players in pointless
retaliation against boredom.
There's plenty of tactics here. I've got ideas, and I'm
sure you've got
ideas. And this article isn't about answers: it's about
challenges. So here
is my challenge: make your games ones where your
advancement ladders are
infinite rather than finite. Be it via king of the hill,
content, redirecting players to socially-oriented
advancement ladders, or
what-have you-just do it.
The game should give things to argue about
Lastly-we spend so much time trying to make our games safe
we know, their reputation as hard core, niche pursuits
chases away many
potential customers every day.
But the fact is that people seek entertainment in large
part to be touched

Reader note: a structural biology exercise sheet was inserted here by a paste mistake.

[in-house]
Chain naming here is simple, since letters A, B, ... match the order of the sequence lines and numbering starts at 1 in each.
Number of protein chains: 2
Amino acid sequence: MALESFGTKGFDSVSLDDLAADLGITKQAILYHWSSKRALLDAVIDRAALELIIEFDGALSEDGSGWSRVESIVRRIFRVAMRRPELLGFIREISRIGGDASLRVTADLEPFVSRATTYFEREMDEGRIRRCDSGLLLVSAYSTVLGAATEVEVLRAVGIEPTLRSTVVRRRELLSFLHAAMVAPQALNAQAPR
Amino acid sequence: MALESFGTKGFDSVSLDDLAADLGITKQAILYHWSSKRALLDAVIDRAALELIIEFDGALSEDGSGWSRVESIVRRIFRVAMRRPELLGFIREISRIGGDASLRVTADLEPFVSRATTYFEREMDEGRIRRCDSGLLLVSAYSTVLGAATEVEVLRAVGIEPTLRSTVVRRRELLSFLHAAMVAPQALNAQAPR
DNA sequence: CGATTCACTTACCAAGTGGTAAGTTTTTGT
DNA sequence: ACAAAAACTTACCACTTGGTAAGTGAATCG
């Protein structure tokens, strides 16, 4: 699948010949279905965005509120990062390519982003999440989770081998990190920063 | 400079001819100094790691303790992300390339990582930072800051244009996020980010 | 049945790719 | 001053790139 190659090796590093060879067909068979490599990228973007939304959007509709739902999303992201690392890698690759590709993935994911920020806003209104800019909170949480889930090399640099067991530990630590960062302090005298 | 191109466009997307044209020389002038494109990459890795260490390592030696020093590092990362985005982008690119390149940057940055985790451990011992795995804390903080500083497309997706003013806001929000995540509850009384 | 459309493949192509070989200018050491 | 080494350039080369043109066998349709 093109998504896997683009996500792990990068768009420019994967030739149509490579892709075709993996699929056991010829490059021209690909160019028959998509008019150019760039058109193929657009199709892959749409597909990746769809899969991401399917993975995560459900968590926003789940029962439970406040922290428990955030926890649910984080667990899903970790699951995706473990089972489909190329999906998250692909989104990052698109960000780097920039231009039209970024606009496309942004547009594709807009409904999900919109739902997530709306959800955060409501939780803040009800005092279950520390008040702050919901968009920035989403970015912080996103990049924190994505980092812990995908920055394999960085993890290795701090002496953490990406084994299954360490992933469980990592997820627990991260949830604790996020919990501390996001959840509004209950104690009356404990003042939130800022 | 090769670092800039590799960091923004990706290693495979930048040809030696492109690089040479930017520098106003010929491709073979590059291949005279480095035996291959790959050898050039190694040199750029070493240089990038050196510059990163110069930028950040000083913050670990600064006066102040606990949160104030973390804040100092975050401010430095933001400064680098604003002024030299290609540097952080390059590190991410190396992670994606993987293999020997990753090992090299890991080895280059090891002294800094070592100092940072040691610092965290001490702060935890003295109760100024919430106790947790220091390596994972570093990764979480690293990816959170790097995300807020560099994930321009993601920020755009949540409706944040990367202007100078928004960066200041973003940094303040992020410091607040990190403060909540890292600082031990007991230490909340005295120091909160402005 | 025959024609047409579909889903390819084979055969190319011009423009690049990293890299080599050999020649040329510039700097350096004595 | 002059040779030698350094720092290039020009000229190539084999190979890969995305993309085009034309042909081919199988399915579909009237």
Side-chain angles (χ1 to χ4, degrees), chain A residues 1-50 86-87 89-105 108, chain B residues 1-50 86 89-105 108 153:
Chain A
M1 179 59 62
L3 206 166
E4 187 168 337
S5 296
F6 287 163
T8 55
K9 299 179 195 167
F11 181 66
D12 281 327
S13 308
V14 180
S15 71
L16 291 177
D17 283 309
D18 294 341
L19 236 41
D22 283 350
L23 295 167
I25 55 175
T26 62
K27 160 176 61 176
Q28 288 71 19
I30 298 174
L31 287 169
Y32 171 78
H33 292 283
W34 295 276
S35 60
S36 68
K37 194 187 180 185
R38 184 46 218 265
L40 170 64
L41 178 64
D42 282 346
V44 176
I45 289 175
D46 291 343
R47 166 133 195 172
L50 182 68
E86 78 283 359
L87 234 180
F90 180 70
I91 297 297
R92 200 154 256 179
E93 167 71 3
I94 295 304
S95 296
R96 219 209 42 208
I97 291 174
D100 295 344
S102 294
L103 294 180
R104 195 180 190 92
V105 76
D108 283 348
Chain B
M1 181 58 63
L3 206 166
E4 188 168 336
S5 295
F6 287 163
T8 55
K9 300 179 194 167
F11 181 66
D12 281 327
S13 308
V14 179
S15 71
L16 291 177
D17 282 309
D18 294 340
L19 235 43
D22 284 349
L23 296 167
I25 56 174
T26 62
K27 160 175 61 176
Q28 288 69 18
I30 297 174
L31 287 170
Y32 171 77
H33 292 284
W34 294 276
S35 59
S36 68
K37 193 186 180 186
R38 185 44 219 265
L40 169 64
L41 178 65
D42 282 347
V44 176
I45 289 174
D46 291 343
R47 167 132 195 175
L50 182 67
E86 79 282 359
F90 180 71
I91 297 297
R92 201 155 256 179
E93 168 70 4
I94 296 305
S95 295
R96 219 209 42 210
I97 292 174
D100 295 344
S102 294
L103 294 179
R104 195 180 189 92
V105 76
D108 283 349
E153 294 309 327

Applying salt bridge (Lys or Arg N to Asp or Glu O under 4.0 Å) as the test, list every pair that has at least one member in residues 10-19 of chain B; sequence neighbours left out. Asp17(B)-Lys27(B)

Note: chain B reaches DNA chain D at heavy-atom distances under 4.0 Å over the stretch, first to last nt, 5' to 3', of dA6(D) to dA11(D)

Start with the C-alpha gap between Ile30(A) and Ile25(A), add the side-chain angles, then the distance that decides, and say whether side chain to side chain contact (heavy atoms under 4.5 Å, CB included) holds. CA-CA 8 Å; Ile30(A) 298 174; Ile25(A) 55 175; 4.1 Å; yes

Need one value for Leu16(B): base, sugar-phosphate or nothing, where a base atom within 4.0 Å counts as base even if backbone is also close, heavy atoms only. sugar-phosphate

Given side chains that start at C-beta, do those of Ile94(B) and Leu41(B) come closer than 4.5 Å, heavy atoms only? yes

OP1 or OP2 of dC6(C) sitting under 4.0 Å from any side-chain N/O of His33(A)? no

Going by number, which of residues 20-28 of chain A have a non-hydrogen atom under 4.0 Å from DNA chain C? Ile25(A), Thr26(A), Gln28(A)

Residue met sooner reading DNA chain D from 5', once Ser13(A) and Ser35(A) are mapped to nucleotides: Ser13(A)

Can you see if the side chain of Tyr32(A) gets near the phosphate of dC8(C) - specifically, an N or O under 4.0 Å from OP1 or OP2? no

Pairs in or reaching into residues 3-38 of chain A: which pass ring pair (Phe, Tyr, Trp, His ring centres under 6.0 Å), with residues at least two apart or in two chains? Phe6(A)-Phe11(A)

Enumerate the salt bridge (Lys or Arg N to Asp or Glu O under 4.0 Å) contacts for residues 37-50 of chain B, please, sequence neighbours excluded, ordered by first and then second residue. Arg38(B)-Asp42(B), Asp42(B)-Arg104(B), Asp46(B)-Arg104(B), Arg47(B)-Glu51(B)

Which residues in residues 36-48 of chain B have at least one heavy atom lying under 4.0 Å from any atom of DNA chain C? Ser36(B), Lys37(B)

emotionally. If the experience does not touch them
emotionally, they will
not stick around for a repeat showing. They will not seek
it out again, they
will not recommend it to friends. It may be a pleasant
brief diversion, but
it's not something they will want to experience over and over again.
All those silly scandals about chat room moderators trading
favors, about player killers causing demonstrations in some
poor mud's inn,
about schisms among guilds leading to massive anger-these
engagement, people. These are people being passionate about
some bits and
bytes we have on a server! This is magic.
For the love of God, we need to stop sanitizing the emotion
out of online
games. We need to be willing to make people feel strong
emotions about them.
Yes, even hate. We all know about the games we love to
hate-let me tell you,
there's something oddly satisfying about running a game
people pay to hate.
Marketing online content